It has rekindled questions about the complex and sometimes adversarial relationship between the two sides, which broke up in the middle of the civil war in 1949 and have followed very different paths since then – one towards liberal democracy, the other towards increasingly repressive authoritarian rule under the Chinese Communist Party, which lays claim to Taiwan, despite never having ruled the island.
The following is an overview of this background and the current situation between the parties.
WHAT IS THE STORY BETWEEN CHINA AND TAIWAN?
Taiwan was only a province of China for 10 years before being ceded to Japan as a colony in 1895 and then handed over to Chiang Kai-shek’s Republic of China at the end of World War II. Taiwan separated from China again in 1949 when Chiang transferred his government to the island as Mao Zedong’s communists took power on the mainland.
Although they have established strong economic ties, political reconciliation efforts have stumbled in recent years as Taiwan asserts its own identity and China steps up its demands for the island to agree to its terms of unification between the parties.
WHAT ABOUT DIVISIONS WITHIN TAIWAN?
Migrants from Taiwan and the mainland were initially divided by language, culture and politics, with mainlanders continuing to identify closely with China and clinging to Chiang’s dream of eventually returning home as victors. During nearly four decades of martial law, political power rested primarily with mainlanders while Taiwanese dominated the private sector.
Although there were intermarriage, friction, confrontation and bullying between them was not unusual. Some young people on the mainland have formed gangs linked to organized crime, the government and the military, in part to defend their interests. Among young islanders, these divisions have largely receded with the flourishing of distinct Taiwanese identity.
Now 68, Chou seems to have been fairly typical of the cohort of “second-generation mainlanders” who never fully integrated into Taiwanese society or came to see the island as anything other than a province of China with which they continued to identify.
Chou appears to have left Taiwan before the process of democratization and Taiwanese identity took hold, so his participation in the pro-reunification group, by “Taiwanese standards, is quite marginal,” said James Lin, a historian of Taiwanese history at the University of Washington.
Taiwan politics “is different from fringe diaspora politics,” Lin said.
WHAT ARE THE GOVERNMENT POLICIES?
China claims that Taiwan is part of its territory without the right to independent recognition as a state or representation on the world stage. Since Taiwanese President Tsai Ing-wen took office in 2016, Beijing has refused any contact with her government.
China regularly sends military planes into the identification of Taiwan’s air defense in what it calls an advertisement of its threat to use force. He adopted increasingly threatening language, warning that Tsai, his ruling pro-independence Democratic Progressive Party and others will pay a terrible price for refusing his demands and that Taiwan will be attacked if it officially declares independence.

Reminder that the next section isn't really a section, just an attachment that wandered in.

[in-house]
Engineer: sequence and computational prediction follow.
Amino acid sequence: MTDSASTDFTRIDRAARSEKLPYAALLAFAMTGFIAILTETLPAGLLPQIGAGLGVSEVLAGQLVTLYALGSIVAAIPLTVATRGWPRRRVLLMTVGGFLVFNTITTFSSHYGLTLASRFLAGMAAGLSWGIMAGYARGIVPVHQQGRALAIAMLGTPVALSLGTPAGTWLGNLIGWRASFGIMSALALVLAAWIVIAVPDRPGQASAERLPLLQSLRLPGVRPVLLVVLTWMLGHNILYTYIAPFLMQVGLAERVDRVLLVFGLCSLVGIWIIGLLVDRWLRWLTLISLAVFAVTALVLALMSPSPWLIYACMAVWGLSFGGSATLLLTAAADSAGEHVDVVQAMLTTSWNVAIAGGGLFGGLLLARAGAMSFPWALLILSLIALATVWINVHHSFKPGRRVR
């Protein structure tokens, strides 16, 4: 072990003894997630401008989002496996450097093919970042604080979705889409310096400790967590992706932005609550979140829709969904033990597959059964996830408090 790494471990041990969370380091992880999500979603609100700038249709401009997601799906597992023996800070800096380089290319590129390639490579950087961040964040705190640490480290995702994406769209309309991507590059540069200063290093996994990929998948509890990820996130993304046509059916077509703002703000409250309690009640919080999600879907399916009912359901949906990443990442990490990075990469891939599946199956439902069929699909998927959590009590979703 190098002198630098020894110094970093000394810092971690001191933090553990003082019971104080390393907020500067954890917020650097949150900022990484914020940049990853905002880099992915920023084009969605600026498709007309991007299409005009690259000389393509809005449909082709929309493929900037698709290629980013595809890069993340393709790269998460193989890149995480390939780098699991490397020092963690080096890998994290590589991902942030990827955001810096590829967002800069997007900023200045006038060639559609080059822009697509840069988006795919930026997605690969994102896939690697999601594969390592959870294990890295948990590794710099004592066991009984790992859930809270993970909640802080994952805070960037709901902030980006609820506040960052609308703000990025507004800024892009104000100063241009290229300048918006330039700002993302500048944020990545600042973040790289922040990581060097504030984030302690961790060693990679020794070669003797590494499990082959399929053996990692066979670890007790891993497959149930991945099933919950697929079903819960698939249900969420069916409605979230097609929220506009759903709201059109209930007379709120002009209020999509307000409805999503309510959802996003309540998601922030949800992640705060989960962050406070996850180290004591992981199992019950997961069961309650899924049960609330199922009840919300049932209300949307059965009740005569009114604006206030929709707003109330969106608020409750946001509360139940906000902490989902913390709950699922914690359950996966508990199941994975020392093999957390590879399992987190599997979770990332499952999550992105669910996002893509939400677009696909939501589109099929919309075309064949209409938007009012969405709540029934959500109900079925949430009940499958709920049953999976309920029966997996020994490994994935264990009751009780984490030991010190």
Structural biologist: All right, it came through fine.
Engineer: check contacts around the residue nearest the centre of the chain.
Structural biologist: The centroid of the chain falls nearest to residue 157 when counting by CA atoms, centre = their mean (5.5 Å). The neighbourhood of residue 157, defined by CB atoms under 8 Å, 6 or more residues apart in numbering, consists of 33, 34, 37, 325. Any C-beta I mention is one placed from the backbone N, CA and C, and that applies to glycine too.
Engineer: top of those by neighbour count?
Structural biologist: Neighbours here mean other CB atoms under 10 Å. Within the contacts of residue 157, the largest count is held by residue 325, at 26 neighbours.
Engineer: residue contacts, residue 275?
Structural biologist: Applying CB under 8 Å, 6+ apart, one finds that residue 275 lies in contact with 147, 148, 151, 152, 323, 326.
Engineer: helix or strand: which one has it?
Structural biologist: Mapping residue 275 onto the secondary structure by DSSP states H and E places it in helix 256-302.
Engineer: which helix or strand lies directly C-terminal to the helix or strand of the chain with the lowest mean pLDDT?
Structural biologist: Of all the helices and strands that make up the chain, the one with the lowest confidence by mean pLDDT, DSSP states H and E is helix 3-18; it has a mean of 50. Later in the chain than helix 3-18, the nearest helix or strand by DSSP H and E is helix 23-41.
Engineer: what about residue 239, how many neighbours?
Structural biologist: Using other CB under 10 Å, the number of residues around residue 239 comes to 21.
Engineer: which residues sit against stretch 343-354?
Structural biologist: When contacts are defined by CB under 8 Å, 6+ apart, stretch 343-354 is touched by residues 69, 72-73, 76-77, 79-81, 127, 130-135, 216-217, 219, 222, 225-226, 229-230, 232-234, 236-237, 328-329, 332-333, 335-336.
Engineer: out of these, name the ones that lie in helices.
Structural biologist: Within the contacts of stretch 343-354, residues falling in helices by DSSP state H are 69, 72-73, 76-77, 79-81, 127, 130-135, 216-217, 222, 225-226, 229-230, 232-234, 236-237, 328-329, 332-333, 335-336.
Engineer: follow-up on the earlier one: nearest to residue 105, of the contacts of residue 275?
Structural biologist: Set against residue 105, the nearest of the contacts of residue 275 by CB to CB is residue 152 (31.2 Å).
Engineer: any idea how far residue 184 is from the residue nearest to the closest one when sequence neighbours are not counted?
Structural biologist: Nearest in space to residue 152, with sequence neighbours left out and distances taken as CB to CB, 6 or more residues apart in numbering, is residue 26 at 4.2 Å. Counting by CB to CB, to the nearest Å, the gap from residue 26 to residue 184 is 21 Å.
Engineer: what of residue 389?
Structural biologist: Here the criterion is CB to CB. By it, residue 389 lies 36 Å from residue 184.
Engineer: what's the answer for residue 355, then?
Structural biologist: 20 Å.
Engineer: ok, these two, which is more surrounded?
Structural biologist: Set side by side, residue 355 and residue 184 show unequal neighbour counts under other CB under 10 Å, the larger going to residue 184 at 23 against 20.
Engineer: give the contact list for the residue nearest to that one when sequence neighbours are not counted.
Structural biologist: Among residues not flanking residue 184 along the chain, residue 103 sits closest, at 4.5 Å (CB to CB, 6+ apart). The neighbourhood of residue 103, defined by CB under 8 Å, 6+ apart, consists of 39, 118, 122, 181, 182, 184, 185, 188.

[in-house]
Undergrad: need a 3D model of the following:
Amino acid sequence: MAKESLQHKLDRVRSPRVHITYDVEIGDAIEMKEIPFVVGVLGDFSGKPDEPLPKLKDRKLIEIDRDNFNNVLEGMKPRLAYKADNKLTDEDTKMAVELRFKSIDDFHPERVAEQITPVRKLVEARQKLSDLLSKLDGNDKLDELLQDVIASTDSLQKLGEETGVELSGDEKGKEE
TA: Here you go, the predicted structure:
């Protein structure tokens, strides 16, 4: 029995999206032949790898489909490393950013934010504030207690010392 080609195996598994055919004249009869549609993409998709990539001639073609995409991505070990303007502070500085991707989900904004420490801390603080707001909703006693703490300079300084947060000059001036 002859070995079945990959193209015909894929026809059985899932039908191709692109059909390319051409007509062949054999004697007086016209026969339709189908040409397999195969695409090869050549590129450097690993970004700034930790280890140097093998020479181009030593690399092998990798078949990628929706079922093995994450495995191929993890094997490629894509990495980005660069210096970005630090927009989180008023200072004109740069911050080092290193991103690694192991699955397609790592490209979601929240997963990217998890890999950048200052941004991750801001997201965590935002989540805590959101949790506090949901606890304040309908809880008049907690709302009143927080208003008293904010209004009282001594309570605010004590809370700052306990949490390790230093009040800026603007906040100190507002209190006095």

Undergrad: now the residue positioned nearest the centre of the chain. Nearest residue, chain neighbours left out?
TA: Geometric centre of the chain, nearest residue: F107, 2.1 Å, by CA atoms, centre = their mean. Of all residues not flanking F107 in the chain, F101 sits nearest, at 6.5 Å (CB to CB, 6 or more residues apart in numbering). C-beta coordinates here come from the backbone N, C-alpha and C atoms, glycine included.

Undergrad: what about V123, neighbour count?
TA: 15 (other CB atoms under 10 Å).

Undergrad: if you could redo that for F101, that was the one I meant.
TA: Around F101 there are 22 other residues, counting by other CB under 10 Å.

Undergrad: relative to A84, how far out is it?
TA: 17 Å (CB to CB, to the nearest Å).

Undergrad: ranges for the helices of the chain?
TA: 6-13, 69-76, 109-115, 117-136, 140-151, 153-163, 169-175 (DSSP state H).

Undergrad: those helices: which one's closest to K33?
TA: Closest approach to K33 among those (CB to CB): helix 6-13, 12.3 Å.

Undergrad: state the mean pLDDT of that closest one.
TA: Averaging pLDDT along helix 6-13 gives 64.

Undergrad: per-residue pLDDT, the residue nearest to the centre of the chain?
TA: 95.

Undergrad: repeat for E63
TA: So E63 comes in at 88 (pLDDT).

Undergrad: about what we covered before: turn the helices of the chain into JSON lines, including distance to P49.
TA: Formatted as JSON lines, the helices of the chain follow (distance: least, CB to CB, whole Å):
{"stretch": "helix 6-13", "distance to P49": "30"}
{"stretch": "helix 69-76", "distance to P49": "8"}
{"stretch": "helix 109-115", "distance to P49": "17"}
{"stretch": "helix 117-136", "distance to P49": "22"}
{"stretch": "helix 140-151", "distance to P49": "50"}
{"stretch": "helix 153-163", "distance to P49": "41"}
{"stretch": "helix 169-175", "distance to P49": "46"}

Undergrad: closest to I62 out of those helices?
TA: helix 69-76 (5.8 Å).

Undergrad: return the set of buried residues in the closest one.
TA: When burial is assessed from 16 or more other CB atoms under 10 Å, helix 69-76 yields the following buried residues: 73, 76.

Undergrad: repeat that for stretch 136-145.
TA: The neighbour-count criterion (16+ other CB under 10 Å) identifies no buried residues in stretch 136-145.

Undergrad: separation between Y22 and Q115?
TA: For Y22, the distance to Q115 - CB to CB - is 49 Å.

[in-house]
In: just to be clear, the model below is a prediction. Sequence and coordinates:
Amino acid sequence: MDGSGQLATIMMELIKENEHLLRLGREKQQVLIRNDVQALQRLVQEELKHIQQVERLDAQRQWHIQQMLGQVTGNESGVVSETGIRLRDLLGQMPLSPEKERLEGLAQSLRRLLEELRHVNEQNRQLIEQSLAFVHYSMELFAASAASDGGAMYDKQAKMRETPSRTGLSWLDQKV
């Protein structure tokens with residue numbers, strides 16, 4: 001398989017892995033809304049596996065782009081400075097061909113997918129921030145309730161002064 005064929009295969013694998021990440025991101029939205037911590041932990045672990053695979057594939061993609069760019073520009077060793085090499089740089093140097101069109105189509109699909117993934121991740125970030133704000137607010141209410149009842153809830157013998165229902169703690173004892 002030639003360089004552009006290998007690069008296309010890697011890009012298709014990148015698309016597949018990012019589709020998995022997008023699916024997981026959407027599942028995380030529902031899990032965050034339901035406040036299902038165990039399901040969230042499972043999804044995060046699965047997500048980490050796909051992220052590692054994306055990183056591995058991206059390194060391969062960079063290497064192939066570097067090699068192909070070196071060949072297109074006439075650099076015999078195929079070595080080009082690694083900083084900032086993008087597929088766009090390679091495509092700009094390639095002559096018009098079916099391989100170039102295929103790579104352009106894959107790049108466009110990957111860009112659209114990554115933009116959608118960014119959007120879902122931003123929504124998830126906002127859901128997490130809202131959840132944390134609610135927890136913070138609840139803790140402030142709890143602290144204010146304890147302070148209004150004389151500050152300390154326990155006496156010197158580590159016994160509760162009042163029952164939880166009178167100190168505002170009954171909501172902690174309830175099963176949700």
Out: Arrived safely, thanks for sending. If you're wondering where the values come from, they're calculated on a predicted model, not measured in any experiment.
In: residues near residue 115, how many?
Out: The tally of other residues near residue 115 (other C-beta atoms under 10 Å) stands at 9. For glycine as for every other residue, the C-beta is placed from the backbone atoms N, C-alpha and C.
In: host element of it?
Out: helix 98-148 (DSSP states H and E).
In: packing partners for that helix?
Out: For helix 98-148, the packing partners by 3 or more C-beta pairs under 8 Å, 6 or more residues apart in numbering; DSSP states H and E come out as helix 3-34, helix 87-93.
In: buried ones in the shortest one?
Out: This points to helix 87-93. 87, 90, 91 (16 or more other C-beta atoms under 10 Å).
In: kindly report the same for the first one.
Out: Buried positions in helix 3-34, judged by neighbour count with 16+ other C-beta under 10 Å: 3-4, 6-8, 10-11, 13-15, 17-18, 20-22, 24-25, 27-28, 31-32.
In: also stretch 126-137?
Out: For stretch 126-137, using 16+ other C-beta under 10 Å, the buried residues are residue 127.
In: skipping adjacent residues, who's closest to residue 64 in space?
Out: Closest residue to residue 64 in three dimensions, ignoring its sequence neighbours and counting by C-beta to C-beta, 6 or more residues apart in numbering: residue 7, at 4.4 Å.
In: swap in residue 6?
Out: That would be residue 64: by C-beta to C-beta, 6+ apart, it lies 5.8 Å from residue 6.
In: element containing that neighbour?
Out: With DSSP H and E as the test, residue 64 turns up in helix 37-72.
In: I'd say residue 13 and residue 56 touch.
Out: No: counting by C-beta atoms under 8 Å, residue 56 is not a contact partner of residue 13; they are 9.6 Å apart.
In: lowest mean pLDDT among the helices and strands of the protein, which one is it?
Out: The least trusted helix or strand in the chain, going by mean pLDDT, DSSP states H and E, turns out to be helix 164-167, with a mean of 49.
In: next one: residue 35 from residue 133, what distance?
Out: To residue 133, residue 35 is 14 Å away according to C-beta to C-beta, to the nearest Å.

Tsai says Taiwan does not need to make such a declaration since it is already de facto independent and has refused to meet China’s basic demand to recognize Taiwan as part of the Chinese nation. She built on Taiwan’s traditionally strong ties with the United States, Japan and other allies as she sought to bolster the armed forces’ ability to withstand a possible Chinese invasion.
HOW DO THEIR AUDIENCES PERCEIVE THE SITUATION?
China does not allow any independent polls on the issue, but public sentiment tends to be strongly in favor of its arguments about the necessity and inevitability of unification between the parties. This fits perfectly with the Communist Party’s relentless propaganda on the issue and the strongly nationalistic tone it has adopted since abandoning orthodox Marxism.
By contrast, support for unification has fallen to single-digit percentages in Taiwanese public opinion polls, with the vast majority favoring continuation of the status quo of de facto independence. Most now identify exclusively as Taiwanese, with the government and many social organizations supporting this view. The Presbyterian Church, whose parishioners have been attacked in the Church of California, has been closely associated with the pro-democracy movement and the promotion of Taiwan’s independent identity. It remains unclear whether the shooter targeted the church because of his Presbyterian affiliation.
Concerns have also grown over Chinese influence on Taiwanese media and the impact of propaganda campaigns by the Communist Party’s United Front Work Department, which works in overseas and under-the-radar Chinese communities. in Taiwan to promote China’s political agenda. At a news conference in Taipei on Wednesday, Presbyterian pastor Chen Shin-liang said the government should seize on the incident to “address the hate speech being spread by some United Front groups in Taiwan.”
ARE CONFRONTATIONS FREQUENT?
Tensions are higher now than they have been in years, but aside from military threats from China, they have largely been relegated to rhetorical and diplomatic fights.
Overseas, the Chinese and Taiwanese communities overlap in some situations, but Beijing’s demand for political loyalty is creating deep fissures. Taiwanese and Chinese maintain their own student groups on campus, with China maintaining tight control over its nationals. This situation is reflected in the business community and politically aligned groups such as the China Council for Promoting Peaceful National Reunification, with which Chou is said to have had ties. Since filming, photos have surfaced of Chou speaking at one of the group’s events at his Las Vegas home.
Associated Press writer Huizhong Wu and video journalist Johnson Lai contributed to this report.